Document Type



Virginia Institute of Marine Science

Publication Date



Ecological Applications




One of the paramount goals of oyster reef living shorelines is to achieve sustained and adaptive coastal protection, which requires meeting ecological (i.e., develop a self-sustaining oyster population) and engineering (i.e., provide coastal defense) targets. In a large-scale comparison along the Atlantic and Gulf coasts of the United States, the efficacy of various designs of oyster reef living shorelines at providing wave attenuation was evaluated accounting for the ecological limitations of oysters with regards to inundation duration. A critical threshold for intertidal oyster reef establishment is 50% inundation duration. Living shorelines that spent less than half of the time (< 50%) inundated were not considered suitable habitat for oysters, however, were effective at wave attenuation (68% reduction in wave height). Reefs that experienced > 50% inundation were considered suitable habitat for oysters, but wave attenuation was similar to controls (no reef; ~5% reduction in wave height). Many of the oyster reef living shoreline approaches therefore failed to optimize the ecological and engineering goals. In both inundation regimes, wave transmission decreased with an increasing freeboard (difference between reef crest elevation and water level), supporting its importance in the wave attenuation capacity of oyster reef living shorelines. However, given that the reef crest elevation (and thus freeboard) should be determined by the inundation duration requirements of oysters, research needs to be re-focused on understanding the implications of other reef parameters (e.g. width) for optimising wave attenuation. A broader understanding of the reef characteristics and seascape contexts that result in effective coastal defense by oyster reefs is needed to inform appropriate design and implementation of oyster-based living shorelines globally.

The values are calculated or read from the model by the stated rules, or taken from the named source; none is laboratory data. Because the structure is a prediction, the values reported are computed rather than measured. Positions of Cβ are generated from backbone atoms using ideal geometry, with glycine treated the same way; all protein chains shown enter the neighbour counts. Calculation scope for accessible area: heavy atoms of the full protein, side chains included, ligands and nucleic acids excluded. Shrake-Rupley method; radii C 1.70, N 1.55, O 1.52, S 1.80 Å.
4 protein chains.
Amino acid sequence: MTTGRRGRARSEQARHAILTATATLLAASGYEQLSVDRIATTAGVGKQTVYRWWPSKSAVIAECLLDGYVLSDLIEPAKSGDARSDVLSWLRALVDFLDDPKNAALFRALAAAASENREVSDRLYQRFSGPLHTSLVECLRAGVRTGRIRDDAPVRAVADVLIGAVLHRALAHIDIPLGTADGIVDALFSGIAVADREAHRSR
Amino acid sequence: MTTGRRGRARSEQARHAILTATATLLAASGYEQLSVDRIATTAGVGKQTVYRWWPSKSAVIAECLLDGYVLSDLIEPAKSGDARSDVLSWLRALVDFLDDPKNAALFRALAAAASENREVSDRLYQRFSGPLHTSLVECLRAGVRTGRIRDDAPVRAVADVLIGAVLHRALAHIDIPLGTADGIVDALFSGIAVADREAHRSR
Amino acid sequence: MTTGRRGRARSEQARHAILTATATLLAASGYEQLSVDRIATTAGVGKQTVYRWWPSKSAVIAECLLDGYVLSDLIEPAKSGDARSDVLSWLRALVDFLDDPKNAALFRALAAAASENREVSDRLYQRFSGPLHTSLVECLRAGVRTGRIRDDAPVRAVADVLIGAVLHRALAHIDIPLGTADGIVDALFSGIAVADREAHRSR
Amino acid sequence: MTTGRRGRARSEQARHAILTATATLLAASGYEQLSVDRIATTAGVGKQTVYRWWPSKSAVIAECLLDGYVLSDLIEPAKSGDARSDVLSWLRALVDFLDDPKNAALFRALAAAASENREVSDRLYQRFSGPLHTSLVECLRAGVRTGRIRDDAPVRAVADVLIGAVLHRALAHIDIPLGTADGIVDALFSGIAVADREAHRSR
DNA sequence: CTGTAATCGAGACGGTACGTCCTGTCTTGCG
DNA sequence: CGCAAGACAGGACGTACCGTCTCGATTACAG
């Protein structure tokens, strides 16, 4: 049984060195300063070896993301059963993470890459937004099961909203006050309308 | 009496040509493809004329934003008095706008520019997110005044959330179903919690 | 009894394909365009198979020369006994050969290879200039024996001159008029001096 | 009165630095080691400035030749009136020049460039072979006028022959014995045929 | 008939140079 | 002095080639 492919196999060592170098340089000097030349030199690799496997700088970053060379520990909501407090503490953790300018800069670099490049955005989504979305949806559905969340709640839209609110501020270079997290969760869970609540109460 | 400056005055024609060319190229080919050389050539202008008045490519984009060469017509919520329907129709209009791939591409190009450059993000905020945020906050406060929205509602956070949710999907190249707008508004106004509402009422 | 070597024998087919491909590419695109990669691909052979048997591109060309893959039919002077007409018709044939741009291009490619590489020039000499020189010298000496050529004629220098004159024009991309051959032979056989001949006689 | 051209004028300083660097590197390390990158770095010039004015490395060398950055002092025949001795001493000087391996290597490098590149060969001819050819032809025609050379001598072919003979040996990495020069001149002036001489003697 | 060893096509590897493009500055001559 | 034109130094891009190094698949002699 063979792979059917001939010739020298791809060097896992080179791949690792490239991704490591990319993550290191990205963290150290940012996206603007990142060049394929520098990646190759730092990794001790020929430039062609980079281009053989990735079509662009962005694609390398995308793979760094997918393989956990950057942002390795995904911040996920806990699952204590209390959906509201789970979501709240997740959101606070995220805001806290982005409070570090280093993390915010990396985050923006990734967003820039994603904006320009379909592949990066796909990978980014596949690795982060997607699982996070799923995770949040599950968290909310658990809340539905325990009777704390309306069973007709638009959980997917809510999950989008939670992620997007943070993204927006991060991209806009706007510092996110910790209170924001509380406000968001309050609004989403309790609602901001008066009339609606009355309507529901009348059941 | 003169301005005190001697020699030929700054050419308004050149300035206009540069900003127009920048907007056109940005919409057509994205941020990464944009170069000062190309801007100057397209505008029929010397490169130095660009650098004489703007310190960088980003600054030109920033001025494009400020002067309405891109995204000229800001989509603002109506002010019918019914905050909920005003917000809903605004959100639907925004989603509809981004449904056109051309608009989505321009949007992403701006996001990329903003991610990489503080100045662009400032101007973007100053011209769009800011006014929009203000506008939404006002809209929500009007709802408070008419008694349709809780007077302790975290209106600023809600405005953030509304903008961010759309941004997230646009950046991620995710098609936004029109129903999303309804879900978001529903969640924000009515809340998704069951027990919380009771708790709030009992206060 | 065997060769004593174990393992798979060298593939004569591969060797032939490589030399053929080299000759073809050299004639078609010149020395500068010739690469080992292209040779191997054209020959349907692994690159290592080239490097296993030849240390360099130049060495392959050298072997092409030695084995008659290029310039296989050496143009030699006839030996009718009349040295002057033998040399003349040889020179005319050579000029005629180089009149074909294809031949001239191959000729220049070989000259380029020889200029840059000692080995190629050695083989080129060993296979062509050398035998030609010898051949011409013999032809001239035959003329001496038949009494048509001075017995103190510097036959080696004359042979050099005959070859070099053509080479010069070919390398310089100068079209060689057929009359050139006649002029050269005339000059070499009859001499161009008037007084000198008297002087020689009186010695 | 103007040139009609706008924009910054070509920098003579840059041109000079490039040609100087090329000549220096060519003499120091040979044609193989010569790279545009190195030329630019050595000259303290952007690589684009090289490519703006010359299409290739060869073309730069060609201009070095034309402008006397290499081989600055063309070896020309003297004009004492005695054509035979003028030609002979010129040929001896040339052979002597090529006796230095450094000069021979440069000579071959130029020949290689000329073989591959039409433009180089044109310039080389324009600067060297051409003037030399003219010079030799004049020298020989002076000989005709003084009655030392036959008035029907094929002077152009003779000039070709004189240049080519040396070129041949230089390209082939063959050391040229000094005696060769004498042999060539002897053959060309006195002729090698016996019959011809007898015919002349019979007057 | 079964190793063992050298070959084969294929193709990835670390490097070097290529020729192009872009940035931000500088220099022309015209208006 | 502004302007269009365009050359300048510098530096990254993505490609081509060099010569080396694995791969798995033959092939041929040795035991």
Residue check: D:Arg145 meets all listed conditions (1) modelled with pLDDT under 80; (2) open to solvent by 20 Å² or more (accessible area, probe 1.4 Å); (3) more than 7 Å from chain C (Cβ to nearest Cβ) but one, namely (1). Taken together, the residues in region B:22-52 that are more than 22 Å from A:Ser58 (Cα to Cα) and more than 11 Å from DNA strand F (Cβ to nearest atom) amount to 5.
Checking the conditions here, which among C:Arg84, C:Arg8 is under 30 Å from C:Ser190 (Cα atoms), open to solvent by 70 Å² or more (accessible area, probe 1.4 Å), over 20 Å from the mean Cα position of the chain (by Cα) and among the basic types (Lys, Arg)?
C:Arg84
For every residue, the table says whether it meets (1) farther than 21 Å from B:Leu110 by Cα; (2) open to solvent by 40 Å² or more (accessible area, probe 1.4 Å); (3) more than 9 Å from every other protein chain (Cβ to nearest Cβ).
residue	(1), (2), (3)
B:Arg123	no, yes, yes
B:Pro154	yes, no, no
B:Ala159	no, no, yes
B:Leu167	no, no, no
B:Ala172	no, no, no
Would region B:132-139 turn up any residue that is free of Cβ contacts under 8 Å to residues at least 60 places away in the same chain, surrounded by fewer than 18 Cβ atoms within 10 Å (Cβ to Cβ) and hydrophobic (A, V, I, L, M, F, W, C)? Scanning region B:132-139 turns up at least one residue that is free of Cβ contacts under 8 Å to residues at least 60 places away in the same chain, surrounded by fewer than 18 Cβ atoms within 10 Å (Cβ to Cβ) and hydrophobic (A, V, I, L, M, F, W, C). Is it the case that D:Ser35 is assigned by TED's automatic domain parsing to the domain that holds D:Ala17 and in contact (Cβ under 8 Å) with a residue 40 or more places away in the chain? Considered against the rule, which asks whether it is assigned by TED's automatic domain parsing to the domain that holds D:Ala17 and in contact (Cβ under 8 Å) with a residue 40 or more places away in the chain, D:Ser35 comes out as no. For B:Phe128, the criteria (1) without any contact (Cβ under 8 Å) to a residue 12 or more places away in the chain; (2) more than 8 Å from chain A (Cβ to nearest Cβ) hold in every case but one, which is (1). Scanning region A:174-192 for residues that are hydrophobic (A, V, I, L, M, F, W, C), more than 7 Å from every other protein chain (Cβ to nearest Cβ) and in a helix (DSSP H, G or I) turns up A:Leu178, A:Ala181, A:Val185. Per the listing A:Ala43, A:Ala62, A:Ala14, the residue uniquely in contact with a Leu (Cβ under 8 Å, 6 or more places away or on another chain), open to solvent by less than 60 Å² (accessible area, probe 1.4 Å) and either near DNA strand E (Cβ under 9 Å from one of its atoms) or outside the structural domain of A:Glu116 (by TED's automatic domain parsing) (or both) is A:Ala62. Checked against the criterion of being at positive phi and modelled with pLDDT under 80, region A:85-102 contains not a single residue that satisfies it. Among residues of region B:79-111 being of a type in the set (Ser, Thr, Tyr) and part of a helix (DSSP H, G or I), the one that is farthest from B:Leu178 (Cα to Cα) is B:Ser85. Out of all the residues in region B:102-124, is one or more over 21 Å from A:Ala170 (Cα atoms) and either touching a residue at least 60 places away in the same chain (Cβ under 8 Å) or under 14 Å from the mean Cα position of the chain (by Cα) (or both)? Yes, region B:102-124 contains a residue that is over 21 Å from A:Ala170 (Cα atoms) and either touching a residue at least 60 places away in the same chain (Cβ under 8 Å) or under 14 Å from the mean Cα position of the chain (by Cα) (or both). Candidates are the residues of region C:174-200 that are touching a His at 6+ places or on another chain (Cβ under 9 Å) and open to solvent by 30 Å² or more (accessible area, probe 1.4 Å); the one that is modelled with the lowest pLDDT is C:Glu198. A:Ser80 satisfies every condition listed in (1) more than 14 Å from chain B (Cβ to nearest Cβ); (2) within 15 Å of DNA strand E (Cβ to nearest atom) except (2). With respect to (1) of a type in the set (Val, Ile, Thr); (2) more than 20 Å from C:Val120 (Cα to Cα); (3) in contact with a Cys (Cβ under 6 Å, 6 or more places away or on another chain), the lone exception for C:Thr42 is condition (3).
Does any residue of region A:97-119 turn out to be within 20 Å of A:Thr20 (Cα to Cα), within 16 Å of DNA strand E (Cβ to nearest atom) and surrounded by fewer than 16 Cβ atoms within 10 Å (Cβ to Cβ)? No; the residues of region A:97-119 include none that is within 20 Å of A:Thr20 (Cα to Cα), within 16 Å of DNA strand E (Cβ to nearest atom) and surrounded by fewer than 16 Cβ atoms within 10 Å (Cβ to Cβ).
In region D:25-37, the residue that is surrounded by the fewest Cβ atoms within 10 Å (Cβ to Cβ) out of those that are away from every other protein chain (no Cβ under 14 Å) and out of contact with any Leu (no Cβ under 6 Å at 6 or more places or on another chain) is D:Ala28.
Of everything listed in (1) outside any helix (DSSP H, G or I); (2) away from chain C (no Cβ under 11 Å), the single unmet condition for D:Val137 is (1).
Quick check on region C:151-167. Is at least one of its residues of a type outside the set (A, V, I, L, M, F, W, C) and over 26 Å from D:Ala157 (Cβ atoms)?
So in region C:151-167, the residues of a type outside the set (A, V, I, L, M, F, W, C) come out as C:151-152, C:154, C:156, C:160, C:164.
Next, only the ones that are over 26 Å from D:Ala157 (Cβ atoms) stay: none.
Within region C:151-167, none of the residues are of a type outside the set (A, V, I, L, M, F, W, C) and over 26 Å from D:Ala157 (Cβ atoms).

Accepted manuscript version.


doli: 10.1002/eap.2382


Coastal management, coastal erosion, shoreline protection

Publication Statement

© Ecological Society of America

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